The thought of Bengali sweets is mouth watering. Sweets from eastern parts of India are commonly known as Bengali sweets. Most of these sweets are milk based and yet it’s is amazing how well each dish is developed into a unique taste, using the same raw material. Rasgulla or a typical Roshogulla is a spongy-soft round mishtis (made from chenna or paneer or cottage cheese), soaked in sugar syrup. This sweet is iconic to Bengal cuisine and melts in the mouth, creating a craving for more.  This becomes the base for many other elaborate sweets.

Ras Malai is the same spongy chenna dumplings but soaked in sweetened, thickened milk delicately flavored with cardamom instead of the sugar syrup. It is served chilled and garnished with slivers of dried fruit. Raj Bhog is spongy Rasgullas stuffed with dry fruits. Kheer Kadam is an exotic Bengali sweet, made of mini rasgullas, grated khoya and powdered sugar. It is also known as Raskadam and has two layers of dessert.

In Malai Cham-Cham, sweetened cream is filled into the centre of light orange rasgullas. Chenna dumplings get their orange colour from the addition of saffron and are elongated instead unlike round rasgullas. This makes them highly appetizing with a combination of white cream centre. It is also called Malai chom chom.

Sandesh also has chenna, but is prepared in a different way, by mixing with milk powder and sugar. These are pressed into moulds instead of adding to sugar syrup and have a pedha like texture. Sandesh is topped with dry fruit slivers and saffron strands.

Bengali sweets list can’t be complete without the mention of the very quintessential Bengali Mishti Doi or sweetened curd. This is a light and sweet blend of milk, yogurt and caramalised sugar, left to ferment overnight. The delicate sweetness of this elegant dessert in earthen pots adds a special flavour to all celebrations and auspicious occasions.

Bhapa Doi, a variant of Mishti Doi, is made by blending curd and condensed milk. It becomes tastier with its garnish of almonds and pistachios. It is served chilled straight out of the refrigerator.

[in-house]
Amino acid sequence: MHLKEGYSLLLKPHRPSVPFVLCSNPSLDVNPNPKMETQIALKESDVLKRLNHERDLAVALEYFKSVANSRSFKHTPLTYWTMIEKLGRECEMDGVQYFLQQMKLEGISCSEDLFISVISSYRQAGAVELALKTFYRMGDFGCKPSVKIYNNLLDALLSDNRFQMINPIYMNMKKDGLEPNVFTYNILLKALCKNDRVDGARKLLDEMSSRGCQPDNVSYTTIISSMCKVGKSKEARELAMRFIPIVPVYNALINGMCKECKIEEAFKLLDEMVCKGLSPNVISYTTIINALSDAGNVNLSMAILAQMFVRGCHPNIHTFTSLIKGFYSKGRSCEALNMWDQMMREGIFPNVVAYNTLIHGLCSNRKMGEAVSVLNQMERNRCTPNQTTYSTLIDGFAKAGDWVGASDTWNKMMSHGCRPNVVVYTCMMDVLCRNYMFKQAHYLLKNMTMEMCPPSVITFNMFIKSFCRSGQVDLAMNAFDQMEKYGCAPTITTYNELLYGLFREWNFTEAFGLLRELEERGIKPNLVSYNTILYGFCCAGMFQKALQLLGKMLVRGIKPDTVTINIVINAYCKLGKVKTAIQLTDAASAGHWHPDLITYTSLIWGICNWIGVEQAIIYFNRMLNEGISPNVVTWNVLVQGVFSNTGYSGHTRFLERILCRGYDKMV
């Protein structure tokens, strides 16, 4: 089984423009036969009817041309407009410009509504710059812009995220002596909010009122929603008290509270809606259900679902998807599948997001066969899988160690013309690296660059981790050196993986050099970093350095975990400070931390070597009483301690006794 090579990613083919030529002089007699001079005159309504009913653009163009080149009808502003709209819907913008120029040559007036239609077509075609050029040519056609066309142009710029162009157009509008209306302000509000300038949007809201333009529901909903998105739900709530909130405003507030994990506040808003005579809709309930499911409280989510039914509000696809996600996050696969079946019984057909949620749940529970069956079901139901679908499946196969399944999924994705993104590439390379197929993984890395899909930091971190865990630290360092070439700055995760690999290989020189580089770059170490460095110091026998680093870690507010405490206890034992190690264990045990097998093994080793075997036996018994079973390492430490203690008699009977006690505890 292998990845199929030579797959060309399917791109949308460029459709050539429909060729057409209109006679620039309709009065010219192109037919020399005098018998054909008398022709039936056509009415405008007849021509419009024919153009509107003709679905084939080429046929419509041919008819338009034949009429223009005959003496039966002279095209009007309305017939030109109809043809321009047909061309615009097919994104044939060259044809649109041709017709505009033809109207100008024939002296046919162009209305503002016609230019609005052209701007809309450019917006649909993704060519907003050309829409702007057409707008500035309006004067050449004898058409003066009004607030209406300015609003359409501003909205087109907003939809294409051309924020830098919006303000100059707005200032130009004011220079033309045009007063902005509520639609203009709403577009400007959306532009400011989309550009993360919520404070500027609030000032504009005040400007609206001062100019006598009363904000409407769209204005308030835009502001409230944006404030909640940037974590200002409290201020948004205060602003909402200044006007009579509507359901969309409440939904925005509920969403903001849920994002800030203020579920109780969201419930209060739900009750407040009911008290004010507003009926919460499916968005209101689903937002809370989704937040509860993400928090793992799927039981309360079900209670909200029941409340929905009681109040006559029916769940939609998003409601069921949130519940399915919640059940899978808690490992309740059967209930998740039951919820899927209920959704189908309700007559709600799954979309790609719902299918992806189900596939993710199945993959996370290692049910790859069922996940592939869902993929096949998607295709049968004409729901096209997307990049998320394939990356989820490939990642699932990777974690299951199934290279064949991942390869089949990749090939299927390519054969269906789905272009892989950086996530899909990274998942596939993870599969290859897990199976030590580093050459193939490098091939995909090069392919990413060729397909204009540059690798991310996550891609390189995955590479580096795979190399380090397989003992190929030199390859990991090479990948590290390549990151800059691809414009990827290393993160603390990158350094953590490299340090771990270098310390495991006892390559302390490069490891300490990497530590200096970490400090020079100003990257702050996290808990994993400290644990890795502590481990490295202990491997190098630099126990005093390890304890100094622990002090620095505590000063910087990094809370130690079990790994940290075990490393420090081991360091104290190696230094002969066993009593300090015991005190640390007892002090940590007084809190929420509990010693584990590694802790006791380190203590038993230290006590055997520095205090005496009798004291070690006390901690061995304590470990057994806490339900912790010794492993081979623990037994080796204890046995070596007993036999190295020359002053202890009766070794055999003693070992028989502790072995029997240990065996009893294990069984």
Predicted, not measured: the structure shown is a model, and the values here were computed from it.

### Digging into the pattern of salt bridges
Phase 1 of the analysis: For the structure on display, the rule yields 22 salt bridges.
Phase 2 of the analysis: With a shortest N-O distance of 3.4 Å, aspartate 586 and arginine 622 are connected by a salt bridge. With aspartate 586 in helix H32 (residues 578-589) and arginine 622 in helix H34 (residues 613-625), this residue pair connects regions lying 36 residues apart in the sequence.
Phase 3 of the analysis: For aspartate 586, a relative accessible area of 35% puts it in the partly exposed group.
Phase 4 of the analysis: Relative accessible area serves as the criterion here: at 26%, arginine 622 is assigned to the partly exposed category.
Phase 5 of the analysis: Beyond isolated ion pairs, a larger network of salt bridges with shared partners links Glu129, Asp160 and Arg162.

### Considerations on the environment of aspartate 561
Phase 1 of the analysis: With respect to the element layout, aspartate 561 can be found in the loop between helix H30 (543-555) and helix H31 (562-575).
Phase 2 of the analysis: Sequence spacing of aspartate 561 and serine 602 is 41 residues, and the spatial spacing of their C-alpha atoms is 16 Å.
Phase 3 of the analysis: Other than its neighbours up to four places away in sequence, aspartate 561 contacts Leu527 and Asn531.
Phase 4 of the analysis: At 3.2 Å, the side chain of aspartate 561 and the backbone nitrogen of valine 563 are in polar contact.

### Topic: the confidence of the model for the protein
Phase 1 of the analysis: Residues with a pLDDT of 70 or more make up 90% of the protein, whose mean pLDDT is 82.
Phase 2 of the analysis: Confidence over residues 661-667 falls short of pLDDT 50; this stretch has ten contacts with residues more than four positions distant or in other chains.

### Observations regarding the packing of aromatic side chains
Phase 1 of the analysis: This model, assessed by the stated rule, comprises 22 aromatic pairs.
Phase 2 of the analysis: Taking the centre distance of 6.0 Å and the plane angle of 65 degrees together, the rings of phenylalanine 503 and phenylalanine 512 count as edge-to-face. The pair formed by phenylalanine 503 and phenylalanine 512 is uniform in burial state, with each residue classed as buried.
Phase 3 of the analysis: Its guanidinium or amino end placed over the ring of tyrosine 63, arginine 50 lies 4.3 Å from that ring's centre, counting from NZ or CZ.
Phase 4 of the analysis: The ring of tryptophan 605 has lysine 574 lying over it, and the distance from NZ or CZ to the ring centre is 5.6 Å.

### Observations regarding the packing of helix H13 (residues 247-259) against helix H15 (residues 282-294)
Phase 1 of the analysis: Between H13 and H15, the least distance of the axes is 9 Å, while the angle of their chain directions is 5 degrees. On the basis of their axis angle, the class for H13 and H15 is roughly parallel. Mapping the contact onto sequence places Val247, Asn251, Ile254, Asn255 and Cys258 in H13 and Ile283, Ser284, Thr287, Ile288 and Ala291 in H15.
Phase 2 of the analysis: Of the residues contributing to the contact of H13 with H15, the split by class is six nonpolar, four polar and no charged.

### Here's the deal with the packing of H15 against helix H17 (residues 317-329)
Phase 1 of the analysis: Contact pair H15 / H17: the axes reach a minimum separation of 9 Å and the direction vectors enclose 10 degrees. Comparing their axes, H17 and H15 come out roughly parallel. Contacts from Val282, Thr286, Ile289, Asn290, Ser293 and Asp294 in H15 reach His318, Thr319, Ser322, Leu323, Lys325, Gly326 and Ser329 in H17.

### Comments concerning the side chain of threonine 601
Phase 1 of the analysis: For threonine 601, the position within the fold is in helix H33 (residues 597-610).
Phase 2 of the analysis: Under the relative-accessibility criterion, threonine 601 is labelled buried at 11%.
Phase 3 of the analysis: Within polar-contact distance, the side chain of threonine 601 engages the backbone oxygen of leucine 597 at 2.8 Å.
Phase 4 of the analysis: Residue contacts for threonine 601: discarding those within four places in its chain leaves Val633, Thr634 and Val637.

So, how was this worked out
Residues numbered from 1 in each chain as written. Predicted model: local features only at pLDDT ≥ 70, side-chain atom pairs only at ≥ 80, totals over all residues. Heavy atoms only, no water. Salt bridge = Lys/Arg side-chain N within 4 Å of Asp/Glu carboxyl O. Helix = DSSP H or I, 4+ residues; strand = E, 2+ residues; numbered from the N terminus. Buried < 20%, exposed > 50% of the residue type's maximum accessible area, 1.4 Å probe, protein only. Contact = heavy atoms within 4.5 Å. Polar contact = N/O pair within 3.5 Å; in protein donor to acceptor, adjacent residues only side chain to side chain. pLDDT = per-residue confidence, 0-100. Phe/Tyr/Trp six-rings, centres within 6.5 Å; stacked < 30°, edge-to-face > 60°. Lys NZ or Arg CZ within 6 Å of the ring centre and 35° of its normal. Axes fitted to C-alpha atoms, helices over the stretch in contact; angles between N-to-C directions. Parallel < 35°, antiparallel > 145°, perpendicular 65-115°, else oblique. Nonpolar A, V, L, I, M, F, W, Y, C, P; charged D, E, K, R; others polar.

Popular Indian sweet Gulab jamun has many indigenous versions in Bengal. Pantua is similar to gulab jamun, but is a Bengali variant. This traditional Bengali sweet is made of deep-fried balls of semolina, chhana, milk, ghee and sugar syrup.  These deep brown sweet balls look hard from outside but are very soft from inside. Mishti aloor Pantua is made by mixing aloo. Ledikeni, a variation of Pantua, is another variant of Gulab Jamun. Lyangcha is a variant of pantuwa, made into small sausage shapes and is stuffed with raisin and coated in castor sugar.

Kalo Jaam or Kala Jamun is another variant of Gulab Jamun that is made of chenna and khoya and is easy to prepare at home.  Chanar Jeelapi is another common home-made tasty sweet made of chenna, khoya and maida and sugar.

Payesh is Bengal's equivalent for kheer and is a popular dessert recipe for festive occasions. Garnished with nuts and pistachios, payesh is an all season favorite.

Lobongo Latika is an elaborately prepared traditional sweet and hence is popular at sweet shops. The neatly folded flaky pastry of maida is filled with well blended khoya, nutmeg powder, grated coconut ghee, nuts, raisins, cardamom, sealed with a clove and dipped in sugar syrup.

Bengal has its Sooji ka halwa and Darbesh, Bengali style Boondi Ladoos too that are not milk based, but are commonly made. Pati Shaptas are thin crepes filled with coconut and jaggery.  Crepes are made of maida, sooji and rice flour. It is served hot or cold.

In whatever form and shape, Bengali sweets and desserts are a great treat and have become popular through-out the country. One can enjoy these at sweet shops in most big cities and towns.

By Anand & Madhura Katti

 


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